How to Manage Pests

Pests in Gardens and Landscapes

Planting lettuce

Lettuce can be seeded directly or transplanted into the garden. It is best planted on raised beds made by adding large amounts of soil amendments so that a bed is established above the previous level of soil. If seeding, plant more seeds than necessary so as to make up for any losses. Plant seeds in rows 2 feet apart. Push them into the soil 0.25 inch deep or less. Fill these holes by scratching the surface, firm the soil lightly, and cover with a thin mulch of organic material in order to hold soil moisture. Keep moist during the germination period. If growing lettuce during the summer months, protect seedlings from sunburn with 50% shade cloth or two layers of floating row cover until they have about six leaves. Lettuce plants should be thinned anywhere from 3 to 8 weeks after plants reach the three- to four-leaf stage. Thin to 6 inches between plants for leaf lettuce and to 12 inches for head lettuce.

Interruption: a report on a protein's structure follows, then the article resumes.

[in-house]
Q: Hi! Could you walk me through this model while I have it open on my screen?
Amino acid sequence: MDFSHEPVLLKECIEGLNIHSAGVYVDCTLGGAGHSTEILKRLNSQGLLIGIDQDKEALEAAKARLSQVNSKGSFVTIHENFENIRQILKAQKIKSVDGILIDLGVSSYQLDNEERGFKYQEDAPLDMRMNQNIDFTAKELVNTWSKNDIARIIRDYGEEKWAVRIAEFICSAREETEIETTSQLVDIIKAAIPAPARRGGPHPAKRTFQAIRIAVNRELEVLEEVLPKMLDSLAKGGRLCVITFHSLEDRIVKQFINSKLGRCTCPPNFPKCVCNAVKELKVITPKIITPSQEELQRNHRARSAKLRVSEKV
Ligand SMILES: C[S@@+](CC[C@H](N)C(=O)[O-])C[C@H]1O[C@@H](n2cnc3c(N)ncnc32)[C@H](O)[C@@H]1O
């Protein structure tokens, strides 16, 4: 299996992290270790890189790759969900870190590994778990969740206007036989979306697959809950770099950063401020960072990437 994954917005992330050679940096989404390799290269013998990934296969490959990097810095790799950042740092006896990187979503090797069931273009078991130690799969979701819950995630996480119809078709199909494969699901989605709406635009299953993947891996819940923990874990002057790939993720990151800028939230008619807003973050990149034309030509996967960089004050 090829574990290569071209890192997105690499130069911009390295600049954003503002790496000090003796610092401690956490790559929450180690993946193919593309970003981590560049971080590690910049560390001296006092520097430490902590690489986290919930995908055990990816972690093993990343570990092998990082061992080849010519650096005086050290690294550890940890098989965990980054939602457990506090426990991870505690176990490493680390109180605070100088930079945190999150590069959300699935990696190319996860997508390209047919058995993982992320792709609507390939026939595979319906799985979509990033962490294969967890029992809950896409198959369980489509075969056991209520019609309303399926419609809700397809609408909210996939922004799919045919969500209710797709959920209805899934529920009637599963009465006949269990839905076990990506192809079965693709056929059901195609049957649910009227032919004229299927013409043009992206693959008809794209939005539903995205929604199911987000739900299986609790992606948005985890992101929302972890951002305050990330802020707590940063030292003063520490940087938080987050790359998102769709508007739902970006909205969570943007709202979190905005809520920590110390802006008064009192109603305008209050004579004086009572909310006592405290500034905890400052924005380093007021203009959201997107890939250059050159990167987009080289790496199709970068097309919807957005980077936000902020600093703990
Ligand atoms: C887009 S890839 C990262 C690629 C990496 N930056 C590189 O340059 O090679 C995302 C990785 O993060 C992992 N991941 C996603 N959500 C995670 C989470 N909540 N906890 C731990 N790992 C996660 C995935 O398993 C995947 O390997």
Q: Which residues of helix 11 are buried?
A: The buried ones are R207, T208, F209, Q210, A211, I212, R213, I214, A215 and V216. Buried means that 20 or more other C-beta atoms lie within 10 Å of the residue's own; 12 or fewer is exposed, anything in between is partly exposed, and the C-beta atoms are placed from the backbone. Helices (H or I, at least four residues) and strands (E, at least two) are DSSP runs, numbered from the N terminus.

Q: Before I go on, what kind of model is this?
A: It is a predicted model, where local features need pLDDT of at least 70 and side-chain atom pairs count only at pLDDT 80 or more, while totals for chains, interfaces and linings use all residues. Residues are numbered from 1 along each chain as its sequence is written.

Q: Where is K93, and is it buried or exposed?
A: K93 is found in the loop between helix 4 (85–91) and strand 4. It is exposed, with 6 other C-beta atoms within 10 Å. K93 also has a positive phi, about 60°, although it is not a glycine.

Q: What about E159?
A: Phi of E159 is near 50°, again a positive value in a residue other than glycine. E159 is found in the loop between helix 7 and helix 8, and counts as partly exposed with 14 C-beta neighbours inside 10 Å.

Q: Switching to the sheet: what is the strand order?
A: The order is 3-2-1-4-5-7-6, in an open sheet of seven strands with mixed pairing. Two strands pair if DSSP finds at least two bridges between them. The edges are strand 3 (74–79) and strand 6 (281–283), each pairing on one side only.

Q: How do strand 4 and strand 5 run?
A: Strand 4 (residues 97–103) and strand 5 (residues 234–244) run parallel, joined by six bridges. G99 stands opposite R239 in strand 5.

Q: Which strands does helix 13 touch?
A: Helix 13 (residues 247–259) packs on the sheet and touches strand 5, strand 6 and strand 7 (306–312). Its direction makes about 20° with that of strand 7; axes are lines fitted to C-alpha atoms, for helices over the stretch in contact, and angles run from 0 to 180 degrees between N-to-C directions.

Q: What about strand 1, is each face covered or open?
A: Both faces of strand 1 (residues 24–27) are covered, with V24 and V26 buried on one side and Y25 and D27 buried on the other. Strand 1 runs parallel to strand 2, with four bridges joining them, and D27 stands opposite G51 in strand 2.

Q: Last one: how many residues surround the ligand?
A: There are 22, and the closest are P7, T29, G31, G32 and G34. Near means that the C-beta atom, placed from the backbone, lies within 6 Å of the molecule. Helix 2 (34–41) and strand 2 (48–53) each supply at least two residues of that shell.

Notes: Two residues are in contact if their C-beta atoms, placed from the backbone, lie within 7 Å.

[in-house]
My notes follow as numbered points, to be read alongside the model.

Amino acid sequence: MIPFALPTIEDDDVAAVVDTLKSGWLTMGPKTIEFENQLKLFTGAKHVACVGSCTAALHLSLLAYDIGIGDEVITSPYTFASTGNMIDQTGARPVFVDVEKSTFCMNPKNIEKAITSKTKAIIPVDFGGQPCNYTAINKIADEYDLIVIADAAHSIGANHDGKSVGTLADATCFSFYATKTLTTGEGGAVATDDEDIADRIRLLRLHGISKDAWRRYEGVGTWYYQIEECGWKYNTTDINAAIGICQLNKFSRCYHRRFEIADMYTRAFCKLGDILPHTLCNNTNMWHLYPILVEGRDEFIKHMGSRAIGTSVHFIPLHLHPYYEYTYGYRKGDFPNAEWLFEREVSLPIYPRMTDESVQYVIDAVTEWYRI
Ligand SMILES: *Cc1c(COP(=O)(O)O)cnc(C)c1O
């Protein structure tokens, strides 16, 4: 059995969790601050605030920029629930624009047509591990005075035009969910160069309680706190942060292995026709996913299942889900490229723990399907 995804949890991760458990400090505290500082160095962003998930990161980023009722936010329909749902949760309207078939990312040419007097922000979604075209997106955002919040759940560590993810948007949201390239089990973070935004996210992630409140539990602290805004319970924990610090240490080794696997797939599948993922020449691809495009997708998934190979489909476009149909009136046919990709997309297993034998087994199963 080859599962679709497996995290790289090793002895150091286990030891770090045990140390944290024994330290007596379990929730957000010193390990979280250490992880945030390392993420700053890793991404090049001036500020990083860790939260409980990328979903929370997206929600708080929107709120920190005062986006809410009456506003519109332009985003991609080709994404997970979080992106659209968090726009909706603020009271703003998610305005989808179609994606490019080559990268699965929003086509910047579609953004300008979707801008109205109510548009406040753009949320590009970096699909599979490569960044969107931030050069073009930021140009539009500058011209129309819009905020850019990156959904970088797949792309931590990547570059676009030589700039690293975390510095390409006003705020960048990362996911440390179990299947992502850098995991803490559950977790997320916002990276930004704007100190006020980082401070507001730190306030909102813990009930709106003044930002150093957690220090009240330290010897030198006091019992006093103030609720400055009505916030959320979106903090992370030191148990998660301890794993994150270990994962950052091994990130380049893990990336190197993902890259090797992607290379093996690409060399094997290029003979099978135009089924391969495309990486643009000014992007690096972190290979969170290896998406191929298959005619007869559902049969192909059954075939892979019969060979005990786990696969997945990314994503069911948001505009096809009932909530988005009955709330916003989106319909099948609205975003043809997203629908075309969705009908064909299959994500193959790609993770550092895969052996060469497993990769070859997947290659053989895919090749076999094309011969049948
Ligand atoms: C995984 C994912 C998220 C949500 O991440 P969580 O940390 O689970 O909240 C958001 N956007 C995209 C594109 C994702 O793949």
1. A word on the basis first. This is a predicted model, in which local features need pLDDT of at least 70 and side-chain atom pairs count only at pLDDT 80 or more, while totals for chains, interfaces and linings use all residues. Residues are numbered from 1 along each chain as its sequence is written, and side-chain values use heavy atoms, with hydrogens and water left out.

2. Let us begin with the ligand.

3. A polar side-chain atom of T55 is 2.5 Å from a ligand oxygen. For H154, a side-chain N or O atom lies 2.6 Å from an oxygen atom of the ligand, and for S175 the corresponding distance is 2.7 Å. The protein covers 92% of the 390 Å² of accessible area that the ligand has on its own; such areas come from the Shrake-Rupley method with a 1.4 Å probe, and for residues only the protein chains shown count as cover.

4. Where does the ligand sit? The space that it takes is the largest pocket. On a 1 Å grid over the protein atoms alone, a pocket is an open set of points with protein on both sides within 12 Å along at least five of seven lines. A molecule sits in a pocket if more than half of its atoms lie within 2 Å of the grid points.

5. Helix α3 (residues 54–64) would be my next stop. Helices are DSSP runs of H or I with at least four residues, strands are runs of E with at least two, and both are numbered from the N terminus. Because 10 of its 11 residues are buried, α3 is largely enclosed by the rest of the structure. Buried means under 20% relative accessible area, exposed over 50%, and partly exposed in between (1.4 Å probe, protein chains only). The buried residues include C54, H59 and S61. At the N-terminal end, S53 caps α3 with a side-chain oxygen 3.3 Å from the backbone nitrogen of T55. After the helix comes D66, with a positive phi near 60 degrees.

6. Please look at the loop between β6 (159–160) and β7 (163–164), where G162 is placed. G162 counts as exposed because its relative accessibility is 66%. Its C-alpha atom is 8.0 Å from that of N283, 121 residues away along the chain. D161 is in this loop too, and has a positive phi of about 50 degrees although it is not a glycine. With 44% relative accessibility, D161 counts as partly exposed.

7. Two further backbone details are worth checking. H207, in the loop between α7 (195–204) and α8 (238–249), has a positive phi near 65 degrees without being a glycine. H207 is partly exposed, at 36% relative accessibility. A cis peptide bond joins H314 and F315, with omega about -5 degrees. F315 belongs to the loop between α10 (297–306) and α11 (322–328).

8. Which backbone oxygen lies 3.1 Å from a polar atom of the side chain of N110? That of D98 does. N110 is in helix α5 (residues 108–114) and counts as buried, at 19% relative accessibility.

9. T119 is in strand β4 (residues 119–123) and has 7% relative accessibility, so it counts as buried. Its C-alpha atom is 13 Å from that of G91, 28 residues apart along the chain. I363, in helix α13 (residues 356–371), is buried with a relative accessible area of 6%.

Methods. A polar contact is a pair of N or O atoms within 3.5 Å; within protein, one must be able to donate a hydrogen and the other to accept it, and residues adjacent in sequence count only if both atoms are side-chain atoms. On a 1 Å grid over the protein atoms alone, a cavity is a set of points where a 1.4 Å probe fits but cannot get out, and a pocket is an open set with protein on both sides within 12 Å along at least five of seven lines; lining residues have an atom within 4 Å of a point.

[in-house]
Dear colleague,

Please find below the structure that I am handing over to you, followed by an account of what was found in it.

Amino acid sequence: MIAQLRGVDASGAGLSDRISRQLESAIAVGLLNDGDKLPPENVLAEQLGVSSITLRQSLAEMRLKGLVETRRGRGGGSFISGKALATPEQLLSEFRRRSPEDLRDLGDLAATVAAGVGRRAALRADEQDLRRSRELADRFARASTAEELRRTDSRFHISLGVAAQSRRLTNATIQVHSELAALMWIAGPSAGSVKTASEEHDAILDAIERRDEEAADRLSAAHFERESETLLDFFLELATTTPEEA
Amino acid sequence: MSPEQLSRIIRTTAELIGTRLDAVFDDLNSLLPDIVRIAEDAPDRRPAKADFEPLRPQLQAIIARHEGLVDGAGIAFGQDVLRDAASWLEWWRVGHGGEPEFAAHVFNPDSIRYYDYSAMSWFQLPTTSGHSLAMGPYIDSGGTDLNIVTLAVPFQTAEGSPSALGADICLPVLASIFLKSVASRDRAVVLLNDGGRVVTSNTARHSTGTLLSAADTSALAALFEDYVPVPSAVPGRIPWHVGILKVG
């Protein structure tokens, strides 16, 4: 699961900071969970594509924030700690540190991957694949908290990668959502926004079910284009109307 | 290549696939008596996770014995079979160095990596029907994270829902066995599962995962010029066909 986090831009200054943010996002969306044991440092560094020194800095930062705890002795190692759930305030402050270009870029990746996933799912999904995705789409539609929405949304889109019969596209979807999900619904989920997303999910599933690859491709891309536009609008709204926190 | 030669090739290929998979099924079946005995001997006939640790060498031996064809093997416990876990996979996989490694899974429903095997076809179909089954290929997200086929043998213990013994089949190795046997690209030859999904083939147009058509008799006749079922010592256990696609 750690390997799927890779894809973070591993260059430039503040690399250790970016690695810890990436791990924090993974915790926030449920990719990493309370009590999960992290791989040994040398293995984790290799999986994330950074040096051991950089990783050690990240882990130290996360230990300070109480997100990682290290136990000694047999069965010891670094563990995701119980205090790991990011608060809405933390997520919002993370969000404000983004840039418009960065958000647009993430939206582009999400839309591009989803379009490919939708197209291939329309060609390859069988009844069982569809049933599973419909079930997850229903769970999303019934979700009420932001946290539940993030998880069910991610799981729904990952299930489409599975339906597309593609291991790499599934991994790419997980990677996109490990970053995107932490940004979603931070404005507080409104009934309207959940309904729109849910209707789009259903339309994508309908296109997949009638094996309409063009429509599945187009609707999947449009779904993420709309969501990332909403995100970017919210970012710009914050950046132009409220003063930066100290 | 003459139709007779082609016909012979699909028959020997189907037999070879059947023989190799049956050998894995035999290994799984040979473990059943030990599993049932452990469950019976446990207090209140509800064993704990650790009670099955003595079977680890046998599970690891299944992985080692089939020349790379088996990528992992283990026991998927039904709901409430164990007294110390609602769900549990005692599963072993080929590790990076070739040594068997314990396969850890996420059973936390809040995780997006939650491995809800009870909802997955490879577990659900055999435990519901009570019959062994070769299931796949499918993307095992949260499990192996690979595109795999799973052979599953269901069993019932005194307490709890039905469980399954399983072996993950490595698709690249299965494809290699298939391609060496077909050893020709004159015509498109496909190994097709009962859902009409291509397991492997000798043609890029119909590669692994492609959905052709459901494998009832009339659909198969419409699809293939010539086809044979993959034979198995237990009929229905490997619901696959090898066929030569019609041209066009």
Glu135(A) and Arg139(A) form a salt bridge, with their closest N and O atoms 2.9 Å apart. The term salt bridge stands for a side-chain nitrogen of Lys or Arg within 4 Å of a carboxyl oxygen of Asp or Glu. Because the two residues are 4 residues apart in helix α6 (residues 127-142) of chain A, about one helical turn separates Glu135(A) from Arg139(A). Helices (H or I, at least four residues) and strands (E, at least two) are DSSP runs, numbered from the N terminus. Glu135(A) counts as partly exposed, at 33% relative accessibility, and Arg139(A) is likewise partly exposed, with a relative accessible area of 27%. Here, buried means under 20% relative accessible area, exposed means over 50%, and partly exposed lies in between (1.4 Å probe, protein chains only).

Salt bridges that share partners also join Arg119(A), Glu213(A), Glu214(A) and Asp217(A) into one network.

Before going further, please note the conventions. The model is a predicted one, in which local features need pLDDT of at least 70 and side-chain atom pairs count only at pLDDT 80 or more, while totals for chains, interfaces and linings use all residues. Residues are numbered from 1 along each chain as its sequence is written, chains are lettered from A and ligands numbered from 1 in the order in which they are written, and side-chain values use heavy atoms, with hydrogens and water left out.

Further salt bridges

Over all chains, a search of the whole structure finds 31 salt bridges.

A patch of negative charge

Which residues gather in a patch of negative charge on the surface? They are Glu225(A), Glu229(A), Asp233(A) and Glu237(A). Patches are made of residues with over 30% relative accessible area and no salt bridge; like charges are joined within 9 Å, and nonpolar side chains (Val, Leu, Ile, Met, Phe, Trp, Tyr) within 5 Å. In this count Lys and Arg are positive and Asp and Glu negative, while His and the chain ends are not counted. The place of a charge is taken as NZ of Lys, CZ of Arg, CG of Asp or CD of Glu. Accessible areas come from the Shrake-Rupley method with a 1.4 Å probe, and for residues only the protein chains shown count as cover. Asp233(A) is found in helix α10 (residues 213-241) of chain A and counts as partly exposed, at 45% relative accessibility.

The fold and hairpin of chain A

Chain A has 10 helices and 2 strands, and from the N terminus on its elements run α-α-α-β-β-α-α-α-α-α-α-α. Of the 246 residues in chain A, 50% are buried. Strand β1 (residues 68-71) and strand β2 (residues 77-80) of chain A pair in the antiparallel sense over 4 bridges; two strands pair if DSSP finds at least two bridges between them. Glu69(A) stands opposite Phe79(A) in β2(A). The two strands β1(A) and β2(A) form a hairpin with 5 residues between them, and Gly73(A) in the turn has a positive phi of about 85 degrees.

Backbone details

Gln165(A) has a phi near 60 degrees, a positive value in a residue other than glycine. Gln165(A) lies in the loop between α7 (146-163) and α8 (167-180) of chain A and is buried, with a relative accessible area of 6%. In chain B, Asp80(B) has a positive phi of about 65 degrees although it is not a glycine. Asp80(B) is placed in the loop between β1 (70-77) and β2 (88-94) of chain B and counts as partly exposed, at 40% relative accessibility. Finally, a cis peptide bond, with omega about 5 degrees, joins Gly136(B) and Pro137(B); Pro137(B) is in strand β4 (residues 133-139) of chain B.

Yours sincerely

For transplants, use young plants with four to six true leaves, wider than tall, stocky, succulent, and slightly hardened to outdoor conditions. Spread and mix organic amendments and a good granular phosphorus fertilizer over the area. Mark where you want each plant and make the hole deep enough to bury the stem as far as the first leaf. Place the plant deep into the hole. Head lettuce should be spaced 12 inches apart; leaf lettuce 6 inches apart with 2 feet between rows. Press the soil firmly around the plant and water thoroughly to remove any air pockets. If transplanting in the summer, shade the plants in the middle of the day for the first week or use floating row cover.

Direct seed
Direct Seed


Statewide IPM Program, Agriculture and Natural Resources, University of California
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